Milan Rai asserts that the "Chomsky problem" is to account for how and when the distinguished linguist and the ferocious critic of US foreign policy meet. Chomsky himself has made clear that he is intellectually much more interested in linguistics than politics - an assertion that Rai could have subjected to greater probing. Nevertheless, Chomsky's Politics offers an effective distillation of the central tenets of his thinking on politics. But reading a commentary on Chomsky's work tends to denude it of much of its power. The Chomsky worldview laid bare loses his trademark, biting irony.
The centrepiece of Chomsky's writings, as arguably the foremost US dissident, is an exploration of American foreign policy. Oriented around questions of "power" and "ideology", Chomsky's analysis has sought simultaneously to explore the domestic moral and intellectual culture of the US and its interrelationship with the (illegitimate) exercise of US power overseas. In particular, through the work on the "propaganda model" of the mass media, developed with Edward Herman, there is the attempt to capture the manufacturing of consent and the complicity of intellectuals in such processes.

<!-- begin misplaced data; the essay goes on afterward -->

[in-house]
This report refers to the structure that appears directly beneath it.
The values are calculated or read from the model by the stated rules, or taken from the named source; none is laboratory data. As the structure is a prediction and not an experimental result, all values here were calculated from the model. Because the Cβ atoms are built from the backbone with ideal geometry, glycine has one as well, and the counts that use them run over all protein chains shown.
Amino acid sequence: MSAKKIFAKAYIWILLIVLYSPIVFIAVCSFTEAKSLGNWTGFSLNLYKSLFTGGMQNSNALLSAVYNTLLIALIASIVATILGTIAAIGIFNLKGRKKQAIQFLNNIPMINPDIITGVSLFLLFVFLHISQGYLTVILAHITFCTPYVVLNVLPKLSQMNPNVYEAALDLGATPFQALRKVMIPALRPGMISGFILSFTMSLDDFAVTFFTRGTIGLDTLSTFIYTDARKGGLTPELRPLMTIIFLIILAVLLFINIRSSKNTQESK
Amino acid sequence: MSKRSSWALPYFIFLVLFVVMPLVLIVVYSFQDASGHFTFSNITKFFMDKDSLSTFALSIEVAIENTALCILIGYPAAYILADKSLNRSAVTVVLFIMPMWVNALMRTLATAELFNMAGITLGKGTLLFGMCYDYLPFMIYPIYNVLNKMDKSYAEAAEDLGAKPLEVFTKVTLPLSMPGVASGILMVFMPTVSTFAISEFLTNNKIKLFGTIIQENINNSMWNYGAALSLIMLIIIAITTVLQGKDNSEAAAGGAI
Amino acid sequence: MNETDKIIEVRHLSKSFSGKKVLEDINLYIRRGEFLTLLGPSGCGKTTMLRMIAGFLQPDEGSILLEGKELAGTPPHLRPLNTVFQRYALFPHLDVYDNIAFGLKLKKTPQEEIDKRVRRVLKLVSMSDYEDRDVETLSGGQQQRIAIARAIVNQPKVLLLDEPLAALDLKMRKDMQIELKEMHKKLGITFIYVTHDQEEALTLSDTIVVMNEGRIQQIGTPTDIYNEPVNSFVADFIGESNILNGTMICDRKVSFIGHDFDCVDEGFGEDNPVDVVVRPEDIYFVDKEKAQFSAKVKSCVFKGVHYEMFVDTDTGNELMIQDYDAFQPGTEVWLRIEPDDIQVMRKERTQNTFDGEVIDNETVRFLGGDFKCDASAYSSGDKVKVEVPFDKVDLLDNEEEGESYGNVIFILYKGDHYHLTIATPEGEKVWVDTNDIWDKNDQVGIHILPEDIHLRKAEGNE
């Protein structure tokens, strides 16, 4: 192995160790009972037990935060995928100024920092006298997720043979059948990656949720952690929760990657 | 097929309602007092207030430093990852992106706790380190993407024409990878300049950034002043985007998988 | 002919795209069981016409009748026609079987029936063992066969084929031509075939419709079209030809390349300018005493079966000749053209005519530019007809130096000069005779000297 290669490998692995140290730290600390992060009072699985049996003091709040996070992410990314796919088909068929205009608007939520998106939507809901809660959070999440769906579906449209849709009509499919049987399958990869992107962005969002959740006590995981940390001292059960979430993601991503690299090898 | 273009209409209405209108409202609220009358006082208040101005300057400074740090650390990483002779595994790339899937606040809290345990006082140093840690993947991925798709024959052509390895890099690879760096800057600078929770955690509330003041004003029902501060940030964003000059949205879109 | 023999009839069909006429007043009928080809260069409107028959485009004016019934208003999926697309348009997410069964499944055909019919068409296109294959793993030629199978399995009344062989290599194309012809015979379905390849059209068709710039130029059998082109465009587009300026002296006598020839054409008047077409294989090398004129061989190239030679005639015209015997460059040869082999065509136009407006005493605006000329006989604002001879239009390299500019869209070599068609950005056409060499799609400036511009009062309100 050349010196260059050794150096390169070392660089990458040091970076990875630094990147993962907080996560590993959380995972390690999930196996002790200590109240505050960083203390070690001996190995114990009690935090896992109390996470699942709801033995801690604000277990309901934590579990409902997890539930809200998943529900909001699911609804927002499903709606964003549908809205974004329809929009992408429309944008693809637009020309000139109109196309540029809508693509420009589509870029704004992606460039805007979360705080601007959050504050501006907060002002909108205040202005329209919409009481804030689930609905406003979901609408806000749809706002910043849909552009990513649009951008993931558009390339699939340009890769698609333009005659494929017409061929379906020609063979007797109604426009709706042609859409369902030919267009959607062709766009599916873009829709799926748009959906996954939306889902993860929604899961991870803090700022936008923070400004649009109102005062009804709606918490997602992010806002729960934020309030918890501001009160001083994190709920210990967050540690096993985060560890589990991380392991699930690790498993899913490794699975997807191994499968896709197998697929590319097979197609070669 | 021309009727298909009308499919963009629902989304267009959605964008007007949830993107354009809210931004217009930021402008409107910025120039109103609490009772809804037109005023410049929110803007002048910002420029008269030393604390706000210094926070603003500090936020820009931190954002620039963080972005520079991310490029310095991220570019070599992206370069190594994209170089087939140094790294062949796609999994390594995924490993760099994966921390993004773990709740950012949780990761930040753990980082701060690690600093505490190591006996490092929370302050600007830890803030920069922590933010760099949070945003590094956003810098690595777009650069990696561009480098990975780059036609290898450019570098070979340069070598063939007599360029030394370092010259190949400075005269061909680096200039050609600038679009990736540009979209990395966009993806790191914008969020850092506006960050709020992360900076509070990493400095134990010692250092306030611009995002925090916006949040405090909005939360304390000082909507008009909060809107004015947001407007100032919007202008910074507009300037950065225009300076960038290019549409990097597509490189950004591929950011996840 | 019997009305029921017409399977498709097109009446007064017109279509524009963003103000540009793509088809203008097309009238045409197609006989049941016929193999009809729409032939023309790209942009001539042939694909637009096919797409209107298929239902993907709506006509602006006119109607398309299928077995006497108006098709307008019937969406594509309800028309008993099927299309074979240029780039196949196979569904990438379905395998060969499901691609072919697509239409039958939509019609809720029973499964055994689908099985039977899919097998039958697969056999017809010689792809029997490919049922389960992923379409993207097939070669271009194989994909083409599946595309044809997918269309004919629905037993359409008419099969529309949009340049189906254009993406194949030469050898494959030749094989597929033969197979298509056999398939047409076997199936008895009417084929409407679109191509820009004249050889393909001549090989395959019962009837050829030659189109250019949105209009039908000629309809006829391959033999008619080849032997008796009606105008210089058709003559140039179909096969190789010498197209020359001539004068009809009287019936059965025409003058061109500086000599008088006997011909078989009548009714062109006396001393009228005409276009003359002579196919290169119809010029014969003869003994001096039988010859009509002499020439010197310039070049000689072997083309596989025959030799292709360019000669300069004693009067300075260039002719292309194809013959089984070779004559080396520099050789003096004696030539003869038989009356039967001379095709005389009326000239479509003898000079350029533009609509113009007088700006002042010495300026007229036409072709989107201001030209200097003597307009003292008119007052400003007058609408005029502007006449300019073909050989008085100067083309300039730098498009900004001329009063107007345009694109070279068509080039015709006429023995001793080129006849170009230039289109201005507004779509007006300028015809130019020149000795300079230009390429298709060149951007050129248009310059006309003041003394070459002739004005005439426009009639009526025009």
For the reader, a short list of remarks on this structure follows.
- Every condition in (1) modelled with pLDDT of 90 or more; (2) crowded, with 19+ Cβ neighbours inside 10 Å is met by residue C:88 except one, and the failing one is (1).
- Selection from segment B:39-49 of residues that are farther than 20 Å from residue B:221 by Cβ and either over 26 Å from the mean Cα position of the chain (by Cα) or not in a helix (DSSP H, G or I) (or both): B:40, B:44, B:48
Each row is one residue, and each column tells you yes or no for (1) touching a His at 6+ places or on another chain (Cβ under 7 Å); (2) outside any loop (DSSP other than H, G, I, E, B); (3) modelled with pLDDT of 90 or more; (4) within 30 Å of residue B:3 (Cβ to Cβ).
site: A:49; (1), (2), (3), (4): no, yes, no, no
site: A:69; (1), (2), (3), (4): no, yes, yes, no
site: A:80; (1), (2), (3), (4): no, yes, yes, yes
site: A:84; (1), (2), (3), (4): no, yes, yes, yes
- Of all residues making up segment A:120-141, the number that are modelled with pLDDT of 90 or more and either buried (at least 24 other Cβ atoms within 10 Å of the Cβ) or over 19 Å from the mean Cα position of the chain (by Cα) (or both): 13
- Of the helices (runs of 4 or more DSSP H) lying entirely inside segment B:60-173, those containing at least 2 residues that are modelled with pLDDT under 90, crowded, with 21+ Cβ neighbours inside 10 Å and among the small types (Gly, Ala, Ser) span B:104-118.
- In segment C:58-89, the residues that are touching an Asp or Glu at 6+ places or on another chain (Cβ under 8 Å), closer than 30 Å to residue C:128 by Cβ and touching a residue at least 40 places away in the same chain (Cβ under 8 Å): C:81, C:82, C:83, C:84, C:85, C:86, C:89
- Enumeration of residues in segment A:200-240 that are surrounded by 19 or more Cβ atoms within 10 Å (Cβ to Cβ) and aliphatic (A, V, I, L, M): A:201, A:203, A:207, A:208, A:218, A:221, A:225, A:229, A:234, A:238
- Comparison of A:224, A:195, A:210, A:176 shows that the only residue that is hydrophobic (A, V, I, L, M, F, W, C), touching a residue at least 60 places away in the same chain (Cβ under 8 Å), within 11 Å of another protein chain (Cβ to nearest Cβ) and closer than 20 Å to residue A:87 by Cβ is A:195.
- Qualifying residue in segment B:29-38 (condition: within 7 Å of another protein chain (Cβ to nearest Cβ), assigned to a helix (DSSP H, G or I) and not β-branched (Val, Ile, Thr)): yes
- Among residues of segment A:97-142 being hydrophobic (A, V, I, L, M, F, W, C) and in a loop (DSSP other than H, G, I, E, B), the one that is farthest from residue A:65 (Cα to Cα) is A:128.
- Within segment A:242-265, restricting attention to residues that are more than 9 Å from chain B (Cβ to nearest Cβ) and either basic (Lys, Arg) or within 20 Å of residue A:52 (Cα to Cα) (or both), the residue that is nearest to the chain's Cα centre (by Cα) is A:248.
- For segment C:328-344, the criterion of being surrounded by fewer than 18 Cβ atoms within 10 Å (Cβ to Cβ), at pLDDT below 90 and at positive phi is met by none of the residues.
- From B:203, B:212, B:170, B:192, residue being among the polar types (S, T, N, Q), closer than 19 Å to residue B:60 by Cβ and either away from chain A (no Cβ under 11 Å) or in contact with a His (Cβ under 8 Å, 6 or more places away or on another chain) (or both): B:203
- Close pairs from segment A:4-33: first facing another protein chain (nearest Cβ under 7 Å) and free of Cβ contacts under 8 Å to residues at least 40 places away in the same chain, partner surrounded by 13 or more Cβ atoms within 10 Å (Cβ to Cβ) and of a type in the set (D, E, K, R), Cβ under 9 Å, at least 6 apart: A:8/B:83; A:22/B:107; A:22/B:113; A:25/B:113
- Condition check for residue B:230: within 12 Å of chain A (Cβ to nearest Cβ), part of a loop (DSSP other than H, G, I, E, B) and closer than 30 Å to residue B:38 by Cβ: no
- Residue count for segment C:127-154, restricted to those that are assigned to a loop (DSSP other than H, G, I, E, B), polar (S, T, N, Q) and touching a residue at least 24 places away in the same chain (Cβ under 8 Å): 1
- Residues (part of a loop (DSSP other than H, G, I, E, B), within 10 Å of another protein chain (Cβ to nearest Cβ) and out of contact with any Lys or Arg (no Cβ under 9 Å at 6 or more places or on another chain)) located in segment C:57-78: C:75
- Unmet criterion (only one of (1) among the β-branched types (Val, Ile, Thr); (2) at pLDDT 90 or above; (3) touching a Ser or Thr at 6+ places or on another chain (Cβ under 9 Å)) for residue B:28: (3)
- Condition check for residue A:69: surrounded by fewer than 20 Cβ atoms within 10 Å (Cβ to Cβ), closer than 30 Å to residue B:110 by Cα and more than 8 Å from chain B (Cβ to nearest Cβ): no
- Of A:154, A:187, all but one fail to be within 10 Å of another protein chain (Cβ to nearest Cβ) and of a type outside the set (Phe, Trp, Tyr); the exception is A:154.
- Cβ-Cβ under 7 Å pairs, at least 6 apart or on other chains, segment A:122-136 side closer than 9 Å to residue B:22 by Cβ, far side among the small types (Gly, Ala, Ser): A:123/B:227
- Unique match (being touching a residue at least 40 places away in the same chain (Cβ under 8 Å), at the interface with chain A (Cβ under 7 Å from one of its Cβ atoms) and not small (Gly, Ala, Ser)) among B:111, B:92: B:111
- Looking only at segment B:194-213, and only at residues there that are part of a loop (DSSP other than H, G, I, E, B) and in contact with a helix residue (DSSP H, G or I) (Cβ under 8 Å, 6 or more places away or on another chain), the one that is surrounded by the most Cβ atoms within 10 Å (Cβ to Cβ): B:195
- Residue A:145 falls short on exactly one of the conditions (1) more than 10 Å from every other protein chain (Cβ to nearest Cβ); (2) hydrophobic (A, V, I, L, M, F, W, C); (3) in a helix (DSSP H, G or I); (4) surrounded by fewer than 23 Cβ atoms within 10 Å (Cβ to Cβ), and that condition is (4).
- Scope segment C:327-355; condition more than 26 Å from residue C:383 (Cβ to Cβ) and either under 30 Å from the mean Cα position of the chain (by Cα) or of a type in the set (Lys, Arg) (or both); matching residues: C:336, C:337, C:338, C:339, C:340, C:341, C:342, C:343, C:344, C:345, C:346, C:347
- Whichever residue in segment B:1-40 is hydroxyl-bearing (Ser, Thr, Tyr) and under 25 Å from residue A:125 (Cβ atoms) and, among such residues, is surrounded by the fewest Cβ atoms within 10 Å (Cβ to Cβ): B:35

The role of intellectuals in the manufacturing of consent and how the intellectual infrastructure of the US sustains and perpetuates particular visions and practices is both a central theme and a central experience in the reception that Chomsky's work on politics has received. His political writing has always been better received outside America, and in the academic study of US foreign policy Chomsky's name is absent from the reference lists of set texts.
Rai has produced a thorough exposition of the Chomskyan world-view. Unfortunately, his admiration for his subject leads him to paper over the inconsistencies in Chomsky's politics. By attempting to give an equal treatment to all facets of his work, Rai exposes the paucity of Chomsky's thinking in some areas and as a consequence there is a relative understatement of the significance of other fields of inquiry. In particular, Rai is most charitable to his subject on "visions". Despite the centrality of alternative futures embedded within Chomsky's thinking this is also where Chomsky's thinking is least developed. Perhaps the best summation of the value of Chomsky's political writing, and the maxim that should guide successive commentaries on him, is Rai's assertion that Chomsky's writings "are themselves a course in intellectual self-defence, helping to build up sceptical reflexes".
Richard Whitman is lecturer in international relations and diplomacy, University of Westminster.
Author - Milan Rai
ISBN - 1 85984 011 4 and 011 6
Publisher - Verso
Price - £34.95 and £10.95
Pages - 225